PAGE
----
Even after being presented with a list of more than 100 conservation, wildlife, and other organizations asking Gov. Eric Holcomb to veto Senate Bill 389, he signed the controversial wetlands bill into law on Thursday.
Many Knox County residents were among those saddened by the governor’s decision.
Wabash Valley Progressives Vice Chairman Will Drews said he was “disappointed.”
“I’m not shocked,” he said. “I’m just disappointed.”
Chair of the Knox County Democratic Party Marsha Fleming, too, shares local conservationists’ concerns that Gov. Holcomb ignored a large segment of Indiana’s population.
“It always concerns me when either political party does anything to hurt the environment,” Fleming said.
Holcomb himself had taken issue with the bill. His signature follows reservations earlier in the legislative session when he said that the wetlands repeal was “a cause for concern.”
These “concerns” came from everywhere from the Indiana Chamber of Commerce to private citizens against the bill, all of them claiming that it would hurt the state’s economy, wildlife, and water management. Many believe this bill will lead to the destruction of crucial natural resources and increase expenses.
The wetlands measure passed out of the Legislature April 14 and has sparked bipartisan opposition within the Republican-dominated Legislature. Retroactive as of Jan. 1, it eliminates a 2003 law that requires the Indiana Department of Environmental Management to issue permits for construction and development in state-regulated wetlands and end enforcement proceedings against landowners accused of violating current law.
Ray McCormick, a local conservationist, has been fighting for Indiana’s wetlands for 35 years on both the state and national level. He has recently begun a hunger strike, one he says he plans to continue even though the bill has now been signed into law.
“We have to fight,” McCormick said. “We’ll have to take legal action and take authority of the Clean Water Act, working with people I know in Washington D.C.”
McCormick and his supporters believe that, even though the bill has been signed, the issue still warrants continued action by conservationists.
And he believes a reversal eventually possible.
“Homeowners should not be building new homes on wetlands,” McCormick said. “The Clean Water Act has been in place since 1972. This is an attack on the Clean Water Act by the state of Indiana.”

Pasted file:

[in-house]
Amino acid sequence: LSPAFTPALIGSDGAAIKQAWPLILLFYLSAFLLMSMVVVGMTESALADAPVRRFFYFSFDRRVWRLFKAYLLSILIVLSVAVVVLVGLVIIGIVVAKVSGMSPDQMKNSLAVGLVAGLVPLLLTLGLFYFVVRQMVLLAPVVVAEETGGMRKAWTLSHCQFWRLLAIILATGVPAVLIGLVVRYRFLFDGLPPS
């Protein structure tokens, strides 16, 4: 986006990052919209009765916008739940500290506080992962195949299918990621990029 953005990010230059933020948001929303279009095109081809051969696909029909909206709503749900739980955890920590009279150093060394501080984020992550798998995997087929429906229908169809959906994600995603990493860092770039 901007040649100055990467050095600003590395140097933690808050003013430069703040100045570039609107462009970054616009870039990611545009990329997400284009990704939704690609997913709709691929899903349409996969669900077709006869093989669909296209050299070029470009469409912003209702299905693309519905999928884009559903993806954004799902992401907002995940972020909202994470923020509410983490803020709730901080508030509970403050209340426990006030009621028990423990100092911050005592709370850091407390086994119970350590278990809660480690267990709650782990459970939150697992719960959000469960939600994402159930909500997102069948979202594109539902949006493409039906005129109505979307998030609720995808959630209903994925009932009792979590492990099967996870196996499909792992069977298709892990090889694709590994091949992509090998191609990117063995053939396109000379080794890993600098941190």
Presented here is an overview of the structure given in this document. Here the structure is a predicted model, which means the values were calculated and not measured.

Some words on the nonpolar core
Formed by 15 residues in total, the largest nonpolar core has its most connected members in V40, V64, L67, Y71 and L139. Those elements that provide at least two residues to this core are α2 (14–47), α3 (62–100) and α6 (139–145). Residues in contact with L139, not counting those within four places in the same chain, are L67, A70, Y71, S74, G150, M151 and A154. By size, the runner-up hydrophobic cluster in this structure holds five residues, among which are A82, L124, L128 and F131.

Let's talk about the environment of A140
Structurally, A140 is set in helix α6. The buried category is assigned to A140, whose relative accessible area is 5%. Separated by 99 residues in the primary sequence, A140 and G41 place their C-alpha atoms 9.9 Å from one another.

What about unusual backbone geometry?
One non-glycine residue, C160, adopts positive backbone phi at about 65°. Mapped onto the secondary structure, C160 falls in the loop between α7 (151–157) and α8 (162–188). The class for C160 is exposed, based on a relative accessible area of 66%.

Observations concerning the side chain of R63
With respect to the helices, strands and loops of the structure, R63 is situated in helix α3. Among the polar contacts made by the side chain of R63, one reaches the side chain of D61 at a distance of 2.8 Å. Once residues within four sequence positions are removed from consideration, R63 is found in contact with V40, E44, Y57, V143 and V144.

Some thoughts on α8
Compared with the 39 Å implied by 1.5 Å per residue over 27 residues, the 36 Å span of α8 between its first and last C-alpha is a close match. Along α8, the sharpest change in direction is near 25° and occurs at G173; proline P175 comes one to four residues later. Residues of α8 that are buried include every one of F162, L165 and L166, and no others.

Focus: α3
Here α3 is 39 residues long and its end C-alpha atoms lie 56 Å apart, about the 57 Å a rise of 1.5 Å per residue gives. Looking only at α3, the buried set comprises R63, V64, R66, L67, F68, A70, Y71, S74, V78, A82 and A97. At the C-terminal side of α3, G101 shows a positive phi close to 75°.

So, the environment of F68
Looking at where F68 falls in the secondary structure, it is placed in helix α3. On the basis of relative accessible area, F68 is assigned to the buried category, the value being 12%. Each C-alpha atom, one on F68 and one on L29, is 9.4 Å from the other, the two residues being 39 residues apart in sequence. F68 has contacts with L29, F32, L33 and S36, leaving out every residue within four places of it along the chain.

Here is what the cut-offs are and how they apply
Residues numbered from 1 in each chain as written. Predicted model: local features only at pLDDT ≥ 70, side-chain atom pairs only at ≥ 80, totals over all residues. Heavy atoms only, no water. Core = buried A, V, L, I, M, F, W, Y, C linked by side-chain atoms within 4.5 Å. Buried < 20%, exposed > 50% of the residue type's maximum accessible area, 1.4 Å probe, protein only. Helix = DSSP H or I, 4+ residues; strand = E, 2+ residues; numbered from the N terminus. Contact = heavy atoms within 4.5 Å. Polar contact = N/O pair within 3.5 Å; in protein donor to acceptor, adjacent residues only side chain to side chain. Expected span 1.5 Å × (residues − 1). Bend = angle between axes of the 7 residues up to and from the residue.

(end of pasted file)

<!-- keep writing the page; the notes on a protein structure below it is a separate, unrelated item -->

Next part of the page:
The Clean Water Act is the primary federal law in the United States governing water pollution. Its objective is to restore and maintain the integrity of the nation’s waterways, and it provides funding to states for the improvement of wastewater treatment and for maintaining the integrity of wetlands, among other things.
Months-long pushback against the bill prompted lawmakers to scale back the intended repeal earlier this month, reducing wetland permitting regulations for croplands and temporary streams, rather than for all wetlands.
Still, Democratic members of the General Assembly, as well as a member of the Senate Republican Caucus, urged the Republican governor to veto the bill last week, citing “long term consequences” and a need for “more in-depth study than what was accomplished in limited committee times during a legislative session in a pandemic.
In a separate letter delivered to Holcomb’s office Monday, more than 100 organizations called on the governor to veto the bill they claimed will “cost the state dearly,” when accounting for increased flooding and erosion expenses, loss of groundwater recharge, fewer tourism opportunities and loss of diverse wildlife “that makes Indiana special.”
“This bill opens the door to irrevocable impacts on our rich natural history and puts the wellbeing of millions of Hoosiers at risk, now and well into the future,” the letter said. “Indiana needs a thorough, inclusive, and deliberative approach to changing the law on such a vital natural resource.
Republican bill author Sen. Chris Garten and other sponsors argued throughout the Legislative session that vague language in the current state law, over-enforcement by state regulators and high mitigation fees that drive up housing costs prompted the drafting.
They contend removal of state protections would help developers and grow the housing market.